Wednesday, 18 February 2015
Feelings, not ideas, are the key to election victory
Emotions, those troublesome guides to our deepest selves. They come bubbling up so quickly, and can fade away just as rapidly, that they sometimes seem ephemeral. But they're key to how we actually see the world - in the jargon, they constitute the software of our heuristic biases, the rules-of-thumb that we apply to choice and life that we don't even notice, most of the time.
And they're critical to elections like the one we find ourselves in now.
Most voters have very little information to go on. The science of economics and the dynamics of organised social policy are specialised, complicated, contradictory things. Even experts find them difficult to understand - and even harder to use as guides to actual decisions. There's often little point tooling ourselves up in the way that the lay population can, because the level of knowledge that's easy to harvest can often do little more than give voters an entry key to a totally incomprehensible I-say-you-say world of mazes. The upshot? About half of voters don't even know that a General Election is due in just 78 days.
So they go on emotion instead. Which party do you identify with? Which leader do you find most convincing, trustworthy, capable-looking? Who best speaks for you? Those used to be easier questions, based on social class, but now they're much more complicated - rooted in a sense of self, region, shared identity, language, race, city, education, religion, even type of house, car and hobby. That means that many voters might change their minds, very rapidly, as the parties' images intersect with those other unstable markers of self and of identity.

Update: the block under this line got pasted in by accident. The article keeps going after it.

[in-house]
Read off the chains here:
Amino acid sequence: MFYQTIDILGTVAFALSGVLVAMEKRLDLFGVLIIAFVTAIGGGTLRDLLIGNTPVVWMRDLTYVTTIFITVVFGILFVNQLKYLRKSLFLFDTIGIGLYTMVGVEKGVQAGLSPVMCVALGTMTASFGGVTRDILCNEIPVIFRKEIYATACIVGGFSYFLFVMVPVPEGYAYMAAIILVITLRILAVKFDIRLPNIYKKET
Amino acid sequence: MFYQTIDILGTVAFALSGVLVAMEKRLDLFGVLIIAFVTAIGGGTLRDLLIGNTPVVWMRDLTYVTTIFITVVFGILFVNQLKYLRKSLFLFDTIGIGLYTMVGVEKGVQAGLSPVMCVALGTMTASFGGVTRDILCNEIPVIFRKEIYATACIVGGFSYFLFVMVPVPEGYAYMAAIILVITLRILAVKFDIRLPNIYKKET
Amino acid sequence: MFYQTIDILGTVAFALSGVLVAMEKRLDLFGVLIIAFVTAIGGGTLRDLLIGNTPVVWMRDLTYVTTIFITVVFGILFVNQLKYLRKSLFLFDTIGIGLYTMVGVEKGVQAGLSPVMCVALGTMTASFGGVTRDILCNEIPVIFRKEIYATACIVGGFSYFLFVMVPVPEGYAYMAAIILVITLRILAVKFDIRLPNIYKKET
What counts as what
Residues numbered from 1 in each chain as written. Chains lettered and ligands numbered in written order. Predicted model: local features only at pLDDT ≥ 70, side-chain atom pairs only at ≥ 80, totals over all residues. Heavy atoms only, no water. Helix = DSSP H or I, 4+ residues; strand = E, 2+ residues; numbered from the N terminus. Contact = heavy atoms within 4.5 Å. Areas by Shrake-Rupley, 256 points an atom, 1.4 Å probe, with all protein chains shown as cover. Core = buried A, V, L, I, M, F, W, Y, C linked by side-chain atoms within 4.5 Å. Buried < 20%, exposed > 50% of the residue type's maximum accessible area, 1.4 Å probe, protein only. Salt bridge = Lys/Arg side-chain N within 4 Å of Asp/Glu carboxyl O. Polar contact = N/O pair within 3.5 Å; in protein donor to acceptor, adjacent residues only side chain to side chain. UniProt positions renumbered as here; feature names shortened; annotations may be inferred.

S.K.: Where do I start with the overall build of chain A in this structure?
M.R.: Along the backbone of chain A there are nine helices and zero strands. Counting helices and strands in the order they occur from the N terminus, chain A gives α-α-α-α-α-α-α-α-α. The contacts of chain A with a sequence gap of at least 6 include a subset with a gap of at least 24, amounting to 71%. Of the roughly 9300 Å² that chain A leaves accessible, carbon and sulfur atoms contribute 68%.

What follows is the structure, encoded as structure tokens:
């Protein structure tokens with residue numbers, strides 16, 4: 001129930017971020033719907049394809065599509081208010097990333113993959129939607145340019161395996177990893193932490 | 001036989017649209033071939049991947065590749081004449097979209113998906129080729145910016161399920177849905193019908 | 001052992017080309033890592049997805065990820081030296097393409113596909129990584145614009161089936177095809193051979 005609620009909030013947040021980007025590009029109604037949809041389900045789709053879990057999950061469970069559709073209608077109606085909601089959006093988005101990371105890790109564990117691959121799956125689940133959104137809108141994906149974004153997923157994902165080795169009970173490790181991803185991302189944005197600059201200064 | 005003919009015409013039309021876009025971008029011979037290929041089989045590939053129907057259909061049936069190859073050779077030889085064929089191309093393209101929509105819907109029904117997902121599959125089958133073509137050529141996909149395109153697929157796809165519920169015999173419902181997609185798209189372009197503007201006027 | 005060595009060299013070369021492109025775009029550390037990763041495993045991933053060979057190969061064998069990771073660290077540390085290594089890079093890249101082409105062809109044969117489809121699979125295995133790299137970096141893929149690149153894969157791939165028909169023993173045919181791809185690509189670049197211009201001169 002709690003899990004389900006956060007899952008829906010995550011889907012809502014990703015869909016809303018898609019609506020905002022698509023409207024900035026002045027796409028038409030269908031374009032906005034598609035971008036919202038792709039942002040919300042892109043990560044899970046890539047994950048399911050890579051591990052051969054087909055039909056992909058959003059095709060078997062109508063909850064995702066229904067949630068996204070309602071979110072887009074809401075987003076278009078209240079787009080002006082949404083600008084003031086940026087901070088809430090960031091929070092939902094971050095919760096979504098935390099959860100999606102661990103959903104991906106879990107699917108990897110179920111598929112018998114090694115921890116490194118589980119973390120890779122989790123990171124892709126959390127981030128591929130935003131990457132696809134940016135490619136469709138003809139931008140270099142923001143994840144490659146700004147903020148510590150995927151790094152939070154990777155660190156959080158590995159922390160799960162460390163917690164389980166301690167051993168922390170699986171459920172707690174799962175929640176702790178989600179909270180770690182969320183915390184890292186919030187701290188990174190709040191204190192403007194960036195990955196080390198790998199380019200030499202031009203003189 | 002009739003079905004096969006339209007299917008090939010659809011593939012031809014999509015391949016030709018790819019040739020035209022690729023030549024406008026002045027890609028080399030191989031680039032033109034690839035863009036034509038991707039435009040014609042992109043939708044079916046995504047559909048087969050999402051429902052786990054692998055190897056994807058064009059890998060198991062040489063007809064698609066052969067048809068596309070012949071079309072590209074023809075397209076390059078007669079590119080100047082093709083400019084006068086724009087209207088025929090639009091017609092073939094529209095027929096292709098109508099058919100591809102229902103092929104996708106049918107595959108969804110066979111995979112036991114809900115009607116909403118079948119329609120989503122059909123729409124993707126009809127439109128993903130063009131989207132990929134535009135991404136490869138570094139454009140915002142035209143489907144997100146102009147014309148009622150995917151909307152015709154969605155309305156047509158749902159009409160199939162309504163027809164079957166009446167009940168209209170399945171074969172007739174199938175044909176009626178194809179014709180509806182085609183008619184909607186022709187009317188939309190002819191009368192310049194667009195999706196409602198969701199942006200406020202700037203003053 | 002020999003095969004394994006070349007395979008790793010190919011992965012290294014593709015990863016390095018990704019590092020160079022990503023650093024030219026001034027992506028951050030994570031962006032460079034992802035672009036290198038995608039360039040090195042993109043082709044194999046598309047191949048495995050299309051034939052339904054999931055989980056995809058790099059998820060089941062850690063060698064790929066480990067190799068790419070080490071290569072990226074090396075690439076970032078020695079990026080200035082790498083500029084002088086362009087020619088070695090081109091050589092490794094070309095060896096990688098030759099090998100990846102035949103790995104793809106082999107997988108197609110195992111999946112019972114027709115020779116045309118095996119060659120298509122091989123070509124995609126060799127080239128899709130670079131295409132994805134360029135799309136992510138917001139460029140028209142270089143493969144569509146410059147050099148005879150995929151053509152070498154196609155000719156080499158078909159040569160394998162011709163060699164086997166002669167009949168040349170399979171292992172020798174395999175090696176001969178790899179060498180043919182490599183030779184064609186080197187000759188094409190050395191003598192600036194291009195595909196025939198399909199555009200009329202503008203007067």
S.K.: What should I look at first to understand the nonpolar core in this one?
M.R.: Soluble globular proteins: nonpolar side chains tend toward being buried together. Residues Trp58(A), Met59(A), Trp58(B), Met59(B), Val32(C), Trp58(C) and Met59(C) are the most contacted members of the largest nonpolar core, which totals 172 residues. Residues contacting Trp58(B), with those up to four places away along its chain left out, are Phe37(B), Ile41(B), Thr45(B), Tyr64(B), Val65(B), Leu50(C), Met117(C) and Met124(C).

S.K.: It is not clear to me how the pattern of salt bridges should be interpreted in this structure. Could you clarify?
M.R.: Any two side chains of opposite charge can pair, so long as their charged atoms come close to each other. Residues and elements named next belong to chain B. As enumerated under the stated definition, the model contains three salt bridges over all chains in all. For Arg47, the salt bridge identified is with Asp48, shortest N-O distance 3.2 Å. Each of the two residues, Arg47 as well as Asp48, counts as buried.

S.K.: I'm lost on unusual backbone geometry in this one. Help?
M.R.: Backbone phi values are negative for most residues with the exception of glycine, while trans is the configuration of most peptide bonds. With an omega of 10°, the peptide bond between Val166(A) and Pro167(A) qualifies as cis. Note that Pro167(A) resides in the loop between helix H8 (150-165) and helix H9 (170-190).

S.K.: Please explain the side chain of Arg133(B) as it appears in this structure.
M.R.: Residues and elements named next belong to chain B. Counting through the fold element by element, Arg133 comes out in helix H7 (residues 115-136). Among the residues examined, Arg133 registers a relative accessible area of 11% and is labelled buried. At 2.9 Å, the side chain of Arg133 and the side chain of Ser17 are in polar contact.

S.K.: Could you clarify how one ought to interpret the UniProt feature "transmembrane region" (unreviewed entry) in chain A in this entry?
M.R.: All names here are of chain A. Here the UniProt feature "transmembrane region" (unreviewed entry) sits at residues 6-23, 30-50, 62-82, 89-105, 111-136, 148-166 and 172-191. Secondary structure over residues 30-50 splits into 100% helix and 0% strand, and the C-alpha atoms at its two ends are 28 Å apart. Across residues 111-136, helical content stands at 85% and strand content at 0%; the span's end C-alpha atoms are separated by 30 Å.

Voters depend on symbolic representation and interpretation - clusters of tropes, ideas, fears and hopes that proceed by very obvious and appealing symbols. That's why the Conservatives reacted with concern and then fury when it looked last week as if they would be labelled 'the tax dodger's party' - because they knew that would solidify the idea, central to the public's perception of them, that they would only ever stand up for the rich. That's why the issue holds great dangers for Labour, too, since when and if their MPs' affairs don't stand scrutiny (whose would, under such a harsh arclight?) they'll look like a band of metropolitan 'Westminster' hypocrites. United Kingdom Independence Party voters (and potential voters) repeat established norms about 'bad' immigration in contradistinction to the 'good' immigration of the law-abiding and the hard-working, while they repeat their worries about radical Islam to each other over and over again. Voters like the idea of 'Labour' (or at least dislike it less than the 'Conservative' brand), but can't stand the image and reality of Labour's leader, Ed Miliband.
All symbols. All groups of emotional responses whirling around each other. And all critical to the election.